• act unanimously if there is more than one trustee;
  • avoid a conflict of interest between the trustee and the beneficiaries;
  • not profit from the trust (unless the trust deed allows it);
  • not bind trustees to future discretion;
  • keep proper books and records; and
  • consider the full consequences of whether they exercise their power or not.

Corporate Trustee vs Individual Trustee

The key difference between a corporate trustee and an individual trustee lies in who they are. However, both have to fulfil the duties of being a trustee.

A corporate trustee is a company. Usually, this company has been set up with the express purpose of being a trustee. Such trustee companies already exist, but many trusts with corporate trustees will create an entirely new company to manage the trust as a trustee. The company owns the assets as a separate legal entity. The directors of the company will handle the day to day management of the trust.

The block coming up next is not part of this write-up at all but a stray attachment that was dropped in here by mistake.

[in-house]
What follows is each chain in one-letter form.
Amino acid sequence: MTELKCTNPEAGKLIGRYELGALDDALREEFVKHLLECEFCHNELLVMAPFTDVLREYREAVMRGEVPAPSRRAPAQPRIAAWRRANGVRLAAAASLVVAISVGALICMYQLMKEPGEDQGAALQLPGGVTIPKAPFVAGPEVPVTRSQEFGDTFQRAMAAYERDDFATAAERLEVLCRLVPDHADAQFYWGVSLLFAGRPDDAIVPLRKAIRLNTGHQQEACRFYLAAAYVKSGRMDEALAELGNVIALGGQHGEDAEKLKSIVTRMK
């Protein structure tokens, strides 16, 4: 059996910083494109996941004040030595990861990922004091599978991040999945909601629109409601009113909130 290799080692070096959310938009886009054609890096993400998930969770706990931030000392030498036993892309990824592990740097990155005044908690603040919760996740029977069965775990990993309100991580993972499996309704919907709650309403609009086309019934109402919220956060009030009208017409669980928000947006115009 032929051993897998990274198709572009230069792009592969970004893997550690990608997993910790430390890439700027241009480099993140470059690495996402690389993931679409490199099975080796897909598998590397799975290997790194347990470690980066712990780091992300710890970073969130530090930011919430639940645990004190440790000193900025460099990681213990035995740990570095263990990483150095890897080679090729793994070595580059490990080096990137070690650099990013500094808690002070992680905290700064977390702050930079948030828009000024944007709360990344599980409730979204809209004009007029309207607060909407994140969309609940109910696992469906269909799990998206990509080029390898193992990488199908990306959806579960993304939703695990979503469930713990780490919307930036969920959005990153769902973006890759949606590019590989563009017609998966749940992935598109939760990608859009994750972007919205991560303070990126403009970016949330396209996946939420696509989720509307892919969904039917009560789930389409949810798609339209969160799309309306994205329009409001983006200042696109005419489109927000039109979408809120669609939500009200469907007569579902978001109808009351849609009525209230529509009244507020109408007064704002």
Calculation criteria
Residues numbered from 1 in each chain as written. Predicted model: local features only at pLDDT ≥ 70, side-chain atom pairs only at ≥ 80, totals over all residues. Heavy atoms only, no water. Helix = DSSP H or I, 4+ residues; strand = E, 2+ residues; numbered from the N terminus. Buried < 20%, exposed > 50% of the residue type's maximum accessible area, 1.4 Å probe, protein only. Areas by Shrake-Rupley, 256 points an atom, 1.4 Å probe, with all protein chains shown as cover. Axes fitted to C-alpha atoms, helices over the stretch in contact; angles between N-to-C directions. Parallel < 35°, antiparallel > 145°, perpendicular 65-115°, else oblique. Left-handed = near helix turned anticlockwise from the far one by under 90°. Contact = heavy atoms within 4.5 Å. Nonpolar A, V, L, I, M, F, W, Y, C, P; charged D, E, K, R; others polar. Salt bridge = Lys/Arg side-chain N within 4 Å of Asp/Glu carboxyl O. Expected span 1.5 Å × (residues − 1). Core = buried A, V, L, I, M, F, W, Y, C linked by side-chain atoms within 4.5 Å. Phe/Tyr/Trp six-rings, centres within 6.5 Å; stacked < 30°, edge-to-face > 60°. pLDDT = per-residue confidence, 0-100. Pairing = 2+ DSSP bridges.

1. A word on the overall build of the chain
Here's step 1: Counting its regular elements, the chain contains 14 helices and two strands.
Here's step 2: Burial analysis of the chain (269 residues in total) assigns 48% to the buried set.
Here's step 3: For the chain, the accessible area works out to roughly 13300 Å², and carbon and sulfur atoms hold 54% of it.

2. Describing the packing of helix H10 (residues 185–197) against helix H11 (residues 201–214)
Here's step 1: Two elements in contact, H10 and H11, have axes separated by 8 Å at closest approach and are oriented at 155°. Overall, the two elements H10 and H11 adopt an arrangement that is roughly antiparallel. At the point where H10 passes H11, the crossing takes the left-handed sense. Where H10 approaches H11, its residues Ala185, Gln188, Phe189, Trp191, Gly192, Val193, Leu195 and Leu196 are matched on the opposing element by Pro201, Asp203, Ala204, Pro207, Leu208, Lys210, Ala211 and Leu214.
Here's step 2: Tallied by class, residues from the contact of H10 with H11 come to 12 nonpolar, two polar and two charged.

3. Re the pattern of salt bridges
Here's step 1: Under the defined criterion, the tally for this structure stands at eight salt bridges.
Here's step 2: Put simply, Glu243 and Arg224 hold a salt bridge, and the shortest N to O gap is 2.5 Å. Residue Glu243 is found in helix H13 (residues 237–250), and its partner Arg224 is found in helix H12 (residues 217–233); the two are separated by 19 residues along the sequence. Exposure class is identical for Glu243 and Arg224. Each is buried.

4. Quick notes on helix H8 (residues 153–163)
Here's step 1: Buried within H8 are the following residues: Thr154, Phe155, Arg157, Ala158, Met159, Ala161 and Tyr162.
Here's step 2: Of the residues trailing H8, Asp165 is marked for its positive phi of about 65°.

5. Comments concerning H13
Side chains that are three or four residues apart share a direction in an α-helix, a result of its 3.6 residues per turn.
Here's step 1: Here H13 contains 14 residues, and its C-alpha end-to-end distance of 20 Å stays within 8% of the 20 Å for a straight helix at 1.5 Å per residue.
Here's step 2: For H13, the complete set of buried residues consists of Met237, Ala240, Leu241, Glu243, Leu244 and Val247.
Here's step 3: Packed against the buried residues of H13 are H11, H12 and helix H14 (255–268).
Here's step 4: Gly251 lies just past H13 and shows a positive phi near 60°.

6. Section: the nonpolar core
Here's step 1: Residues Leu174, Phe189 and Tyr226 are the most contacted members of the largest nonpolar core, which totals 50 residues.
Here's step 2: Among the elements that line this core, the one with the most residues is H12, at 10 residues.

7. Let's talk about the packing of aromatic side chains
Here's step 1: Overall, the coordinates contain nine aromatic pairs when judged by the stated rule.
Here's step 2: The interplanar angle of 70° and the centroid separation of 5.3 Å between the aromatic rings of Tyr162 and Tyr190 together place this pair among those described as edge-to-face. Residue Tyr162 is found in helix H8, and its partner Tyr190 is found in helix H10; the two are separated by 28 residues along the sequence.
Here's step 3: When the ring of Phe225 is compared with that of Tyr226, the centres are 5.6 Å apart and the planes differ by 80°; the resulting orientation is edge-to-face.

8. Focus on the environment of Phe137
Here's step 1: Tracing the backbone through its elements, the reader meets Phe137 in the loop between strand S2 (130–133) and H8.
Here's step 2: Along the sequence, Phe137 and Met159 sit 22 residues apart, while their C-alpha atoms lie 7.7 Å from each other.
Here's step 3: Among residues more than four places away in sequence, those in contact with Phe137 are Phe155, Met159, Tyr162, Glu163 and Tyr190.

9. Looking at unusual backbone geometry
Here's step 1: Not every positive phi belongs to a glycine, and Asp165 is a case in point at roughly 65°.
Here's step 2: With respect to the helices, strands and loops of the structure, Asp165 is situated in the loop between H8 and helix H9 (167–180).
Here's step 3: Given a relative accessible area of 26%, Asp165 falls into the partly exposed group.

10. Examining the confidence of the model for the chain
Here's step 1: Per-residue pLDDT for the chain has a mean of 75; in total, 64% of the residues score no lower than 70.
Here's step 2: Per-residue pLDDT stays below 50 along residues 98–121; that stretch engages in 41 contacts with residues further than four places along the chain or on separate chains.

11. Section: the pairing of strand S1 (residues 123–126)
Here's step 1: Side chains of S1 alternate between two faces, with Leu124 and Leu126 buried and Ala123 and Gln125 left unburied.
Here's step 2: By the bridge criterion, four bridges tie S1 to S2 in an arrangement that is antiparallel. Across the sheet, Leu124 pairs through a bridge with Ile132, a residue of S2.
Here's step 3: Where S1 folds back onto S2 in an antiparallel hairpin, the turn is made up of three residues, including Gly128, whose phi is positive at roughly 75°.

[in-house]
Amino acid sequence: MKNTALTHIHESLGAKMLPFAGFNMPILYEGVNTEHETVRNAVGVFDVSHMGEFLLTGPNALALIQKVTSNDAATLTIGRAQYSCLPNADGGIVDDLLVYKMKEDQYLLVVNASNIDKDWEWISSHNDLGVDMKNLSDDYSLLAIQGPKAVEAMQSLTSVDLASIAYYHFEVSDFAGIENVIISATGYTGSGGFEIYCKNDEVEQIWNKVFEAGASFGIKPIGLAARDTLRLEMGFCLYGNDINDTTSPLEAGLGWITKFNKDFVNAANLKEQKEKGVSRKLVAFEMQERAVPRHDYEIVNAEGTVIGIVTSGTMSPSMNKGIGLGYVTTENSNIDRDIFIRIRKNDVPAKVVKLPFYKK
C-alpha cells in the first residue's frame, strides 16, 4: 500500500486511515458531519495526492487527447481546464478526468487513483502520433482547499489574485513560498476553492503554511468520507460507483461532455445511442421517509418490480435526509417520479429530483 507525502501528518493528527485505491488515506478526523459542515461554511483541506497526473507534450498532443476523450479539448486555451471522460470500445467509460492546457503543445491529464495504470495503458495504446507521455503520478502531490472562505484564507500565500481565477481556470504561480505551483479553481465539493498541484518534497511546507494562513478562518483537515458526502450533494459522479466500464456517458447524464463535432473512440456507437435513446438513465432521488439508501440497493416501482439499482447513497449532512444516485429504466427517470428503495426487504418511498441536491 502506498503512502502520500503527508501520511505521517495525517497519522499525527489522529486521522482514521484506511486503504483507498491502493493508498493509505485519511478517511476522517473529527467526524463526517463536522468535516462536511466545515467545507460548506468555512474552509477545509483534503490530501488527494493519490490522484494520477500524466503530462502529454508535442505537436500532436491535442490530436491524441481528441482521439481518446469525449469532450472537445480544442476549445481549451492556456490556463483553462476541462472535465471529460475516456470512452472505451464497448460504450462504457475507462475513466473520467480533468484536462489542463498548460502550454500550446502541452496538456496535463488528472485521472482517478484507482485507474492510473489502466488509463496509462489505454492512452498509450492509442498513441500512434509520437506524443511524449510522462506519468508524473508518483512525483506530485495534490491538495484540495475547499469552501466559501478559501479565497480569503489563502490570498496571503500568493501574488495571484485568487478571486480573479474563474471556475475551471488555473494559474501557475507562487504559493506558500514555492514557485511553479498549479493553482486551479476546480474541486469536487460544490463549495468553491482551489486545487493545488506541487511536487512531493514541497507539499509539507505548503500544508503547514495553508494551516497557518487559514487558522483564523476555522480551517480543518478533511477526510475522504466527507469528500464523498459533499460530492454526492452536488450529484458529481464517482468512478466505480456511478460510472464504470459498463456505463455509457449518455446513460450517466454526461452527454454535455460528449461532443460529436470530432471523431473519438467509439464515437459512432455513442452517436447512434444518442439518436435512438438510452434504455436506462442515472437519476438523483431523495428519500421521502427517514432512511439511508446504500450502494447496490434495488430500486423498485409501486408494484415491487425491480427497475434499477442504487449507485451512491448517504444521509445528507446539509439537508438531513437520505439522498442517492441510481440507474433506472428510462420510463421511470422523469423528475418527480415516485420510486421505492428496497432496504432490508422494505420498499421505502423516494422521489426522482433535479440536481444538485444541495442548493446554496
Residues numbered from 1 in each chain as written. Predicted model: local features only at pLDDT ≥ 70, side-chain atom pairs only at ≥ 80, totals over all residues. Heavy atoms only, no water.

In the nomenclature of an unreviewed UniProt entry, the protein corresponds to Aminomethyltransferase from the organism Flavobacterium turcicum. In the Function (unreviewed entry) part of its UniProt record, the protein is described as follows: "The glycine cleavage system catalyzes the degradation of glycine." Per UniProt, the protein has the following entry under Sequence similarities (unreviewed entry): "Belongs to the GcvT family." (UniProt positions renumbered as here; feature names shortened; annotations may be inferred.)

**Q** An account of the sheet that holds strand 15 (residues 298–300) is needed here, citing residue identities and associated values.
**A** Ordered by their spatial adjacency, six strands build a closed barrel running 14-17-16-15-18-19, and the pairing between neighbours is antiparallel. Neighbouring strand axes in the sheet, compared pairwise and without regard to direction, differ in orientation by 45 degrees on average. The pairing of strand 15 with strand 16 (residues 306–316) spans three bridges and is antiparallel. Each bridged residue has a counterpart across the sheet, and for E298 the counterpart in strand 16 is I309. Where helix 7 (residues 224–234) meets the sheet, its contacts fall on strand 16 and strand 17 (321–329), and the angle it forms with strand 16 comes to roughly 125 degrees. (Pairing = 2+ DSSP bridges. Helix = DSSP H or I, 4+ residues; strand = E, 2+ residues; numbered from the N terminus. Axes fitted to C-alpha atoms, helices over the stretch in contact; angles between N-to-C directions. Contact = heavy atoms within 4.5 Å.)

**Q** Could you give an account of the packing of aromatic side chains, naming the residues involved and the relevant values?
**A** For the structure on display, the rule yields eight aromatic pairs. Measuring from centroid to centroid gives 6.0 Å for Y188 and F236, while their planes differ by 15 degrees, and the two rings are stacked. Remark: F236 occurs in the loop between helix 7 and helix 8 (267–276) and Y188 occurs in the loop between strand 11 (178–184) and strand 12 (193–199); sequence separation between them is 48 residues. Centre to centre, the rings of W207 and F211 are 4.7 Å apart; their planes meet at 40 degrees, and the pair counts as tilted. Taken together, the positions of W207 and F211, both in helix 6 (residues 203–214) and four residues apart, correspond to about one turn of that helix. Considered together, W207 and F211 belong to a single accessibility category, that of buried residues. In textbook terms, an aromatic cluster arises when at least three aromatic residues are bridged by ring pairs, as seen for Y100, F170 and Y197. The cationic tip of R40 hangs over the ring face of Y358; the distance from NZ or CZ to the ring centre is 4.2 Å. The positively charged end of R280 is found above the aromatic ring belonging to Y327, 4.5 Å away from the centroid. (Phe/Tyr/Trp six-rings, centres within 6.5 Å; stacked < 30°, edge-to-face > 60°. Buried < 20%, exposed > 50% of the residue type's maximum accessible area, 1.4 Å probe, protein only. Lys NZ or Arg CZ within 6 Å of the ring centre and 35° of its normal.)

An individual trustee is a person who carries out the trustee duties. The assets of the trust will be in this person’s name, but they still have to distribute the income from that trust to the beneficiaries. A trust can have multiple trustees, and they all have to fulfil the objective of the trust.

How Does This Play Out?

Trust Management

If a company manages your assets, this makes it easier to tell the difference between the trust’s assets and personal assets. An individual trustee will have everything in the same name, so there is not this extra level of separation. The directors of a company may also have more specialised commercial knowledge than an individual trustee who is managing a trust. Also, if an individual trustee dies, there is a lengthy process to choose a replacement. A corporate trustee avoids that.

However, there is an extra set of legal obligations that a company must follow.

There may be certain situations where these conflict with the interests of the trust. Having an individual trustee is a much simpler set up, and more confidential if you wish.

Liability